Case study of {sup 137}Cesium plots remediation at Oak Ridge National Laboratory

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The primary goal of the experiment was to evaluate the long-term, low-dose effect of radiation to the environment, particularly to vegetation i.e., fescue and insects in the event of a nuclear attack. In 1968, {sup 137}Cs was fused at high temperatures with silica sand particles (100 uCi/g) and applied to the surface of four 33 x 33 ft plots. Four other plots were constructed at the site to serve as background controls and were not contaminated with {sup 137}Cs. The particles ranged from 88 to 177 {micro}m in diameter and were spread at a load of 72 g/m{sup 2} over ... continued below

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6 p.

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Bednarz, C.A. & Garrett, D.L. May 1, 1994.

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The primary goal of the experiment was to evaluate the long-term, low-dose effect of radiation to the environment, particularly to vegetation i.e., fescue and insects in the event of a nuclear attack. In 1968, {sup 137}Cs was fused at high temperatures with silica sand particles (100 uCi/g) and applied to the surface of four 33 x 33 ft plots. Four other plots were constructed at the site to serve as background controls and were not contaminated with {sup 137}Cs. The particles ranged from 88 to 177 {micro}m in diameter and were spread at a load of 72 g/m{sup 2} over the plots. The particle size distribution was selected to simulate particle diameters characteristic of weapons fallout. Each plot received approximately 2.2 Ci of {sup 137}Cs, which resulted in a total of 8.8 Ci applied to the site. The cesium plots occupy approximately 6 acres of grassy fields 330 ft north of the Clinch River. The plots are enclosed by a perimeter fence approximately 1,000 ft x 250 ft. Each of the eight plots was enclosed with sheet metal that extended 18 in. below and 24 in. above the ground surface. ORNL researchers involved with the application of the cesium (circa 1968) believed the cesium fused silica particles would not migrate vertically more than 6 to 12 in. nor migrate horizontally in any direction because of the plot metal enclosures. However, soil samples taken from the plots revealed the cesium had migrated vertically to depths of 3 to 4 ft. and horizontally in a northwest plume of several feet. Because of direct radiation exposure concerns to workers and the public, a CERCLA interim action was taken to remediate the plots. The intent of the paper will be to explain the remediation and examine the challenges associated with the remediation focusing primarily on lessons learned.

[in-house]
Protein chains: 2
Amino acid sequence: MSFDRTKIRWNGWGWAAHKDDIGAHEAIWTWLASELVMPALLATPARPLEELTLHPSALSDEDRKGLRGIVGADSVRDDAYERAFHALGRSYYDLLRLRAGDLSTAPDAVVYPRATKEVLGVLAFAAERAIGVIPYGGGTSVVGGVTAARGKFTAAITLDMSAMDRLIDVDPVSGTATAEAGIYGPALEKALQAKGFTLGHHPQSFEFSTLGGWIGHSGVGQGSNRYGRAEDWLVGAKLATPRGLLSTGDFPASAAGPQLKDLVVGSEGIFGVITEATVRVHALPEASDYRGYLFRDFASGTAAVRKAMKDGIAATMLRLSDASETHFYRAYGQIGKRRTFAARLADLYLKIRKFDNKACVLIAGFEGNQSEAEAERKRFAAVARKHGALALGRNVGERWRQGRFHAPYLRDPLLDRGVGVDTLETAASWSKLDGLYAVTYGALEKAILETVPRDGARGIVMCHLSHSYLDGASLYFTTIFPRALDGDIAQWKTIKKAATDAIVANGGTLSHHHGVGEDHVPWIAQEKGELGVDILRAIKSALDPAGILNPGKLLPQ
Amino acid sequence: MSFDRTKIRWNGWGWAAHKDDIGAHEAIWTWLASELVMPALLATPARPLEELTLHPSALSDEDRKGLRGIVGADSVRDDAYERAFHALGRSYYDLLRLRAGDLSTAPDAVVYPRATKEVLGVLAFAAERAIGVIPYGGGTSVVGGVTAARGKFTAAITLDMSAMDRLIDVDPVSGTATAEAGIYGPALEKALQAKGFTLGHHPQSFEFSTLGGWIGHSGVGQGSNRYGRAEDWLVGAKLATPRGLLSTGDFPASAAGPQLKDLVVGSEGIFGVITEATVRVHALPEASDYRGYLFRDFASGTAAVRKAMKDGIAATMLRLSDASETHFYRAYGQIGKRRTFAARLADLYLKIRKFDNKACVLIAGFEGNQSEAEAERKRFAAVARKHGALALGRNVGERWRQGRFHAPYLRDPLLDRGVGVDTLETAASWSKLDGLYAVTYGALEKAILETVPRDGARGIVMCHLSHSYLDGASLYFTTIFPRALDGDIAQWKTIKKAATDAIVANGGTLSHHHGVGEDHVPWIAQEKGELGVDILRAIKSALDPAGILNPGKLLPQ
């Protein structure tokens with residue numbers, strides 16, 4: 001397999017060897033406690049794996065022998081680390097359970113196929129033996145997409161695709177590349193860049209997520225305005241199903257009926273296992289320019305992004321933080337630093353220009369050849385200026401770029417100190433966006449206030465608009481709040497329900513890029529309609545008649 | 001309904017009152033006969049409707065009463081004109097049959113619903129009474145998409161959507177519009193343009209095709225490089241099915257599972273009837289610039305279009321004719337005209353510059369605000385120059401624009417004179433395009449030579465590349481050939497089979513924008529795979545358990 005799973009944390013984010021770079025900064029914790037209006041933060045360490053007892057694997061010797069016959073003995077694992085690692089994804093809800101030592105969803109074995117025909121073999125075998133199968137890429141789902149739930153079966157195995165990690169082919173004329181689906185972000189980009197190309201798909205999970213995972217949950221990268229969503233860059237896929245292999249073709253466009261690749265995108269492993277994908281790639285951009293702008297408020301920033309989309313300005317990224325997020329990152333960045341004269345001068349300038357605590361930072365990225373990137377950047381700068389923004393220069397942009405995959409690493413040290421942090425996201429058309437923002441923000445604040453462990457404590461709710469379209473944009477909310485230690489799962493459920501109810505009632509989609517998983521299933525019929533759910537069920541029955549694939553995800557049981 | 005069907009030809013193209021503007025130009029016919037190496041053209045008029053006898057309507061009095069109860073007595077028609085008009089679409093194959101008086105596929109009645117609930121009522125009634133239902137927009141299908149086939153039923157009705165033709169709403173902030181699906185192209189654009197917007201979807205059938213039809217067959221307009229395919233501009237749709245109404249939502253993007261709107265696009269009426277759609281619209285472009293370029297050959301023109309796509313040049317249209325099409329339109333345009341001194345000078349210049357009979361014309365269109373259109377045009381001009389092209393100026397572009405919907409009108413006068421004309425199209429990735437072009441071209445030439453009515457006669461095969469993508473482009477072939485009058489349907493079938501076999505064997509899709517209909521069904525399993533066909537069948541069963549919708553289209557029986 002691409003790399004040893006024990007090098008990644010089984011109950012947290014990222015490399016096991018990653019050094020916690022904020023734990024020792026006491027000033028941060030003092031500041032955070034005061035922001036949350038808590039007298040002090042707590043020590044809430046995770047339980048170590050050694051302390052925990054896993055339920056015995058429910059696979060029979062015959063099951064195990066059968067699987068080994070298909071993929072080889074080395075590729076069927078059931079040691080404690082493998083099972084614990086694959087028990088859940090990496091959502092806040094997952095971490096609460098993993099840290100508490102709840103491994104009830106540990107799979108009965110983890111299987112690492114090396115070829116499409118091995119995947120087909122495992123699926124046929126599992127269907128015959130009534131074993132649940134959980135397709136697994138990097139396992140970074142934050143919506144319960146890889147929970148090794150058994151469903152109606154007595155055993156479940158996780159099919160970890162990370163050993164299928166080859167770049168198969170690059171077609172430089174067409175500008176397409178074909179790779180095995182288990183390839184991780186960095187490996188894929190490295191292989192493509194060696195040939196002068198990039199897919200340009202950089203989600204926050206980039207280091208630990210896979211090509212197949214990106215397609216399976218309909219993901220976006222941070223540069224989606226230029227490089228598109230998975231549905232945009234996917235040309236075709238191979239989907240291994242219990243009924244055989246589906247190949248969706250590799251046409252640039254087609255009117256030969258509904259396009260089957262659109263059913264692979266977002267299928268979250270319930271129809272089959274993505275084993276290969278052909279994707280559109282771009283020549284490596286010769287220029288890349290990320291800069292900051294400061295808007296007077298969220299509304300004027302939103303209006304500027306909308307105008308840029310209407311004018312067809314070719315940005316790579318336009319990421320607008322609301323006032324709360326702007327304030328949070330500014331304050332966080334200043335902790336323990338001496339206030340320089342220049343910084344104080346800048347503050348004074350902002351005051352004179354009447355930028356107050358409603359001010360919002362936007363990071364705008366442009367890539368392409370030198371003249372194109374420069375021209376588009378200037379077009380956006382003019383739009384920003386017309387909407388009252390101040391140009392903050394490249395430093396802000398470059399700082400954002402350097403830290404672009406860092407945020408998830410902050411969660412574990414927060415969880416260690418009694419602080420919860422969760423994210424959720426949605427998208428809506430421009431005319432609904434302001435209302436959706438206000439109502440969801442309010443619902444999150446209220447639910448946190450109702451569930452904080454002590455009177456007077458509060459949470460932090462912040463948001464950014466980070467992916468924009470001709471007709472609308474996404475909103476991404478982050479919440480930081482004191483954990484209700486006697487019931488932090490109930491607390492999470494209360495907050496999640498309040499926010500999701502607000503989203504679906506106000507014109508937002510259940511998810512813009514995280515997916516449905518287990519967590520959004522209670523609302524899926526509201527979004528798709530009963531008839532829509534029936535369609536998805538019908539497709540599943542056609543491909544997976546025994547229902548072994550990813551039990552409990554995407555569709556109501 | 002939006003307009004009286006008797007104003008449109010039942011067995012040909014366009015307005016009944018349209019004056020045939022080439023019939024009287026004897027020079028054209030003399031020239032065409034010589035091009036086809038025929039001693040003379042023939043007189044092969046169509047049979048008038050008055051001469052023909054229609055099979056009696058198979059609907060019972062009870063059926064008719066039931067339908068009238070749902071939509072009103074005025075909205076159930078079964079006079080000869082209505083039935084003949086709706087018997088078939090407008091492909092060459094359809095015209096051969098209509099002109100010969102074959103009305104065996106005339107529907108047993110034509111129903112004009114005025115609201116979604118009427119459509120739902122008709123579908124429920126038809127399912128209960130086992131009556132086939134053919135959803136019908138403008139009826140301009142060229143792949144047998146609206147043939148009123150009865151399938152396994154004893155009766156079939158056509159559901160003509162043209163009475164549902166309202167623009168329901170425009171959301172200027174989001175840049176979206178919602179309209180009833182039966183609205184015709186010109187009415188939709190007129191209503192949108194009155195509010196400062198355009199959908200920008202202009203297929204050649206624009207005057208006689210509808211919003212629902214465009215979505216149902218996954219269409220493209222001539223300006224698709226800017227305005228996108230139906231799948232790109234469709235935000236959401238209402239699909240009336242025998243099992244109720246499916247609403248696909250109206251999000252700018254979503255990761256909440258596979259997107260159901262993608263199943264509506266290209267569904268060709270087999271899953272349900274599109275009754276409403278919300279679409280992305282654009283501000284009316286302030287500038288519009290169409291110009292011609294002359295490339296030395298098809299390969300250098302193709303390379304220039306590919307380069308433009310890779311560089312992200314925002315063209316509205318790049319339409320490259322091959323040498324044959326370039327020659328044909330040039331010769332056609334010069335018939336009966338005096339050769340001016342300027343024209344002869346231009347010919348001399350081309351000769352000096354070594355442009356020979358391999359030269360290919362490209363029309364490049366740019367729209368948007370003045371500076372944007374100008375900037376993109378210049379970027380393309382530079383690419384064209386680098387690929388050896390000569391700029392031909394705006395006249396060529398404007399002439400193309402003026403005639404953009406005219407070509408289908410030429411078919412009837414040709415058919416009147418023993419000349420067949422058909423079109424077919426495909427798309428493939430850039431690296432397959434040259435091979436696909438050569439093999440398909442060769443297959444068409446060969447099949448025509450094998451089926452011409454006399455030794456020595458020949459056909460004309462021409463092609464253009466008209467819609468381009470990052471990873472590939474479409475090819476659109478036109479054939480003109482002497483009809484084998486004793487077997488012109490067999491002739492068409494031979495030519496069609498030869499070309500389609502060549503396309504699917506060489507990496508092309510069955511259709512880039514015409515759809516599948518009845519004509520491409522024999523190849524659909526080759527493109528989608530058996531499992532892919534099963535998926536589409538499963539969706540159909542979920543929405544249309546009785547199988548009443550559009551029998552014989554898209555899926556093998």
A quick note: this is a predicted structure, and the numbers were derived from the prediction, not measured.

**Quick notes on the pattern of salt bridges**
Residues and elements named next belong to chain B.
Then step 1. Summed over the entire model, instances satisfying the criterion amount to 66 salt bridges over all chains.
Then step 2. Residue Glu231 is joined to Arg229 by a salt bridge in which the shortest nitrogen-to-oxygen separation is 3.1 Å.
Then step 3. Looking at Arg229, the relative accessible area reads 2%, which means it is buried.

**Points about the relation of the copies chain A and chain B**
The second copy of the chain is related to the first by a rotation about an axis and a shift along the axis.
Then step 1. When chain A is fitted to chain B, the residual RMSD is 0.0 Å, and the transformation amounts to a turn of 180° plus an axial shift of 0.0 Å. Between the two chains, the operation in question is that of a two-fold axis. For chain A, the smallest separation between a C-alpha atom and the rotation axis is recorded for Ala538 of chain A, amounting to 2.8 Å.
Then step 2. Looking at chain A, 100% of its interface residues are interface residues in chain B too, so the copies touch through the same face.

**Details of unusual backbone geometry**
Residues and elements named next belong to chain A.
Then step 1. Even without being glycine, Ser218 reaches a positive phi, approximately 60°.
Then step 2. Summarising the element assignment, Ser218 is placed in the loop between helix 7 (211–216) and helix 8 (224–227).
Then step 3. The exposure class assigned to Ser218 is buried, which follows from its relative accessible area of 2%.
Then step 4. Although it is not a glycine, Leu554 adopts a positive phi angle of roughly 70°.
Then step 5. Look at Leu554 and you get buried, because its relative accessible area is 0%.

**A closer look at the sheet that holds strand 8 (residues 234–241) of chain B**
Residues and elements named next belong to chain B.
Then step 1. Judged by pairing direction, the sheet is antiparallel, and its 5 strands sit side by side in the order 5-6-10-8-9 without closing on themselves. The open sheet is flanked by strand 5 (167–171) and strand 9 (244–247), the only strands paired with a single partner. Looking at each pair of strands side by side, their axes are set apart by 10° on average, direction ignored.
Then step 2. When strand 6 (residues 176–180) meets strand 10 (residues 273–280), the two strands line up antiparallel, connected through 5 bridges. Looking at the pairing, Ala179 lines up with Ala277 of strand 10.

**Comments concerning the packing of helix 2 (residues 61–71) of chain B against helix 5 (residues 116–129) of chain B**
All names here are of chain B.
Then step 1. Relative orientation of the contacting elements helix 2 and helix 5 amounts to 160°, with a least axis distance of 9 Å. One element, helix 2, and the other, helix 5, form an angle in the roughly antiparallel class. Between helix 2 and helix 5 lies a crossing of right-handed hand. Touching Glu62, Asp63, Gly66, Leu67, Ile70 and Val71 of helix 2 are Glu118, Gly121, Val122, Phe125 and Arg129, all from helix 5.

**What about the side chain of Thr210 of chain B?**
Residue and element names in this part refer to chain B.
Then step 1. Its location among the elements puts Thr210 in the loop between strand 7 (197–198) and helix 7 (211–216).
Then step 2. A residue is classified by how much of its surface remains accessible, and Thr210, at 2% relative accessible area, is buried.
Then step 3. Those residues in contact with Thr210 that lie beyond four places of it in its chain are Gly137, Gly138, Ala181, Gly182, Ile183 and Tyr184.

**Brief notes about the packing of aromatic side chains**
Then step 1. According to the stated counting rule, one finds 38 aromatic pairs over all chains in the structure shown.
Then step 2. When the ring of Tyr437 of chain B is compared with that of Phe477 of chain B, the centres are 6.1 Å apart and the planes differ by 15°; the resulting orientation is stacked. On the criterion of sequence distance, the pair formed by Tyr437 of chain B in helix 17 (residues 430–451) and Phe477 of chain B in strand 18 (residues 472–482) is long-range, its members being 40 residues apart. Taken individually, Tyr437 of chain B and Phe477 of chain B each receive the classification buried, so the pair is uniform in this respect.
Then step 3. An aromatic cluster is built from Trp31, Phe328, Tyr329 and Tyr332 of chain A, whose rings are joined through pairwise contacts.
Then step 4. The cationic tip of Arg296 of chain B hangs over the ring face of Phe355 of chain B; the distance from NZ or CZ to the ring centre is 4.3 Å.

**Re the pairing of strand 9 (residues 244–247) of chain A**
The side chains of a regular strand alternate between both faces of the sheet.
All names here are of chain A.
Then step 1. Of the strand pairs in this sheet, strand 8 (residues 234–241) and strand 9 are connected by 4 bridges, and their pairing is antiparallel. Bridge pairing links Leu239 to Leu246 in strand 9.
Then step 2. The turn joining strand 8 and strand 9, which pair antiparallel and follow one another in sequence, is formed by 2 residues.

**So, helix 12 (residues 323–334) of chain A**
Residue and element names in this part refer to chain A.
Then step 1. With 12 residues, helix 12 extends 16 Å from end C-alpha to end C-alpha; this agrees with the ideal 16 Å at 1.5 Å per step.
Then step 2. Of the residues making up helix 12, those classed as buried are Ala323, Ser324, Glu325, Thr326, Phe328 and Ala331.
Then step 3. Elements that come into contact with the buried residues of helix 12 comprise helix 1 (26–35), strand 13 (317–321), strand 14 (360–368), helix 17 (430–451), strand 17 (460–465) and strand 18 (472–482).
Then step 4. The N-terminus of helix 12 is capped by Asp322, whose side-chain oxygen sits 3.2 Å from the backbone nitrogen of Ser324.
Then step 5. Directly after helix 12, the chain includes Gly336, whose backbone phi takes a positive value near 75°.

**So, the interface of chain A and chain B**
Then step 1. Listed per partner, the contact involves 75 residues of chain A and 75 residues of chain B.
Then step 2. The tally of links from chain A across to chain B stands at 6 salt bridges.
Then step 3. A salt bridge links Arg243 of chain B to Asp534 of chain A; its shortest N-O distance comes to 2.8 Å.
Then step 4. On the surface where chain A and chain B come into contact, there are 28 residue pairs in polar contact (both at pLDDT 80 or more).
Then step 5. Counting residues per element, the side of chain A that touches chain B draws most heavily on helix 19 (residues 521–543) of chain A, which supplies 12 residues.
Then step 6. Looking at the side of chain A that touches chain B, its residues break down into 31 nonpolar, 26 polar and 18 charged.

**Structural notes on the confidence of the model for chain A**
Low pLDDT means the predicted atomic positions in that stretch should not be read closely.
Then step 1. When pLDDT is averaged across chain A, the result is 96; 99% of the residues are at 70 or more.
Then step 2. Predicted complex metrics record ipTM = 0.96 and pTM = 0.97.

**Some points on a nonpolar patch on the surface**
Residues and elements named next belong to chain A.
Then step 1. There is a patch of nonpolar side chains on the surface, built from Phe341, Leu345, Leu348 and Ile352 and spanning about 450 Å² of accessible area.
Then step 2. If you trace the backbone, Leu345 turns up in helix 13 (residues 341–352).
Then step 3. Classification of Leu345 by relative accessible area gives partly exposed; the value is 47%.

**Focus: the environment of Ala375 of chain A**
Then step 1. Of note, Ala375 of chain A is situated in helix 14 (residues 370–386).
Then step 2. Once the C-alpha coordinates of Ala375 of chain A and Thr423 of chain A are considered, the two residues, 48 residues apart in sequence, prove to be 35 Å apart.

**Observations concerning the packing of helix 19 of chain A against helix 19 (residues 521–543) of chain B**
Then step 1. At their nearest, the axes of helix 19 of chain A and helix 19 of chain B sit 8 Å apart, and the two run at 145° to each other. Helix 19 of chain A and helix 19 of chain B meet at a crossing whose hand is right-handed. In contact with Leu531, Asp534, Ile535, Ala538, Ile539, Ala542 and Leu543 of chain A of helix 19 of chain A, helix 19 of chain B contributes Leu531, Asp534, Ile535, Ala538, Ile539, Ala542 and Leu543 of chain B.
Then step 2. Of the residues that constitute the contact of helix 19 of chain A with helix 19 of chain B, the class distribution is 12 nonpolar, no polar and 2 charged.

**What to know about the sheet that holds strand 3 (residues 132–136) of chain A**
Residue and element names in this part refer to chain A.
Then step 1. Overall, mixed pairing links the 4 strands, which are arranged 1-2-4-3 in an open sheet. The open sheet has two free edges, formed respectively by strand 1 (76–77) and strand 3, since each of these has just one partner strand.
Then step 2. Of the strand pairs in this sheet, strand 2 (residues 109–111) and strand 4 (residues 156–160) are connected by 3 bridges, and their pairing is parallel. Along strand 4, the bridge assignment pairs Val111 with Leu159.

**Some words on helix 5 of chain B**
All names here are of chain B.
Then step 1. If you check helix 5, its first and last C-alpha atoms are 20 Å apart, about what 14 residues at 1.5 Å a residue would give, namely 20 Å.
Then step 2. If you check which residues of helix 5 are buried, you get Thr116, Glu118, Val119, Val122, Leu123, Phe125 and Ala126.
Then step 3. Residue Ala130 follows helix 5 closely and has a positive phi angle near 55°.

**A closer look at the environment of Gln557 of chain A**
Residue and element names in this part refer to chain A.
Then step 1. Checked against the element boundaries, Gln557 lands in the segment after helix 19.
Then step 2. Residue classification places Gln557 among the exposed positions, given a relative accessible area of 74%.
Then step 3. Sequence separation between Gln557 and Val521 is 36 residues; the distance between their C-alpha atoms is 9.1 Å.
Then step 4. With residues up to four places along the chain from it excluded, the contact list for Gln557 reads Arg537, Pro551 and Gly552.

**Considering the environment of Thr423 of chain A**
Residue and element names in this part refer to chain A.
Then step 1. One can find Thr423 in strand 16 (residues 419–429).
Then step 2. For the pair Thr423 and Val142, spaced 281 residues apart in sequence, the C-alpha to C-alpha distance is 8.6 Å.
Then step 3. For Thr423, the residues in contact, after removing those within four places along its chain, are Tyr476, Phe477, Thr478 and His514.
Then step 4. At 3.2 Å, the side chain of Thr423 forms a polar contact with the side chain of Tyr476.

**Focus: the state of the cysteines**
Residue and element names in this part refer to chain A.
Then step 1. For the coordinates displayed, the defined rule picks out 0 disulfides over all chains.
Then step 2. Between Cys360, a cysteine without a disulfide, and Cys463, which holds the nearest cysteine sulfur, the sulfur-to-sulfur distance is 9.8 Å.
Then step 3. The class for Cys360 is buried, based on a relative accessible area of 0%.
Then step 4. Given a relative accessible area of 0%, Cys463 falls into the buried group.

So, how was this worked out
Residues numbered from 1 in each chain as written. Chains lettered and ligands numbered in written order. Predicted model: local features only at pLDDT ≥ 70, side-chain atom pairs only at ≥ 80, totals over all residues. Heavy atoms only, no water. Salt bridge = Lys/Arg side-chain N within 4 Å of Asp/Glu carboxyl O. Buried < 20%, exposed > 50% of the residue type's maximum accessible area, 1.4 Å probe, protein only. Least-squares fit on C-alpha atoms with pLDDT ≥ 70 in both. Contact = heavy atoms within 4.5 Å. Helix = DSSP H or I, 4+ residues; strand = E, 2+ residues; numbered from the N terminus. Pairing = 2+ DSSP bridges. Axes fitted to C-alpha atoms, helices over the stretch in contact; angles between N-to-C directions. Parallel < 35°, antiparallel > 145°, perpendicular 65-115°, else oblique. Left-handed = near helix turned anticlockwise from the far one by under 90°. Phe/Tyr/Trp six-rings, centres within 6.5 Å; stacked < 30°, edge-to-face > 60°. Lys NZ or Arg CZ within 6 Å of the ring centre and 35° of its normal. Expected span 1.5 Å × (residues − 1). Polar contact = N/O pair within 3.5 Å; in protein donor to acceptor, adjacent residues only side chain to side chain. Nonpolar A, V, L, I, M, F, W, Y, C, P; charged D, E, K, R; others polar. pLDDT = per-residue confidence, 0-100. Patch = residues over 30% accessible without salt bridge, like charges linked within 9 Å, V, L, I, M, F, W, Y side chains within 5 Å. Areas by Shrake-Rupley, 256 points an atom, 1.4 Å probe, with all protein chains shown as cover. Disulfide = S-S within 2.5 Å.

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6 p.

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INIS; OSTI as DE96009621

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  • SPECTRUM `94: international nuclear and hazardous waste management conference, Atlanta, GA (United States), 14-18 Aug 1994

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  • Other: DE96009621
  • Report No.: CONF-940815--118
  • Grant Number: AC05-84OR21400
  • Office of Scientific & Technical Information Report Number: 238495
  • Archival Resource Key: ark:/67531/metadc668207

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Reports, articles and other documents harvested from the Office of Scientific and Technical Information.

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  • May 1, 1994

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  • June 29, 2015, 9:42 p.m.

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  • Jan. 25, 2016, 12:11 p.m.

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Bednarz, C.A. & Garrett, D.L. Case study of {sup 137}Cesium plots remediation at Oak Ridge National Laboratory, article, May 1, 1994; Tennessee. (digital.library.unt.edu/ark:/67531/metadc668207/: accessed October 21, 2017), University of North Texas Libraries, Digital Library, digital.library.unt.edu; crediting UNT Libraries Government Documents Department.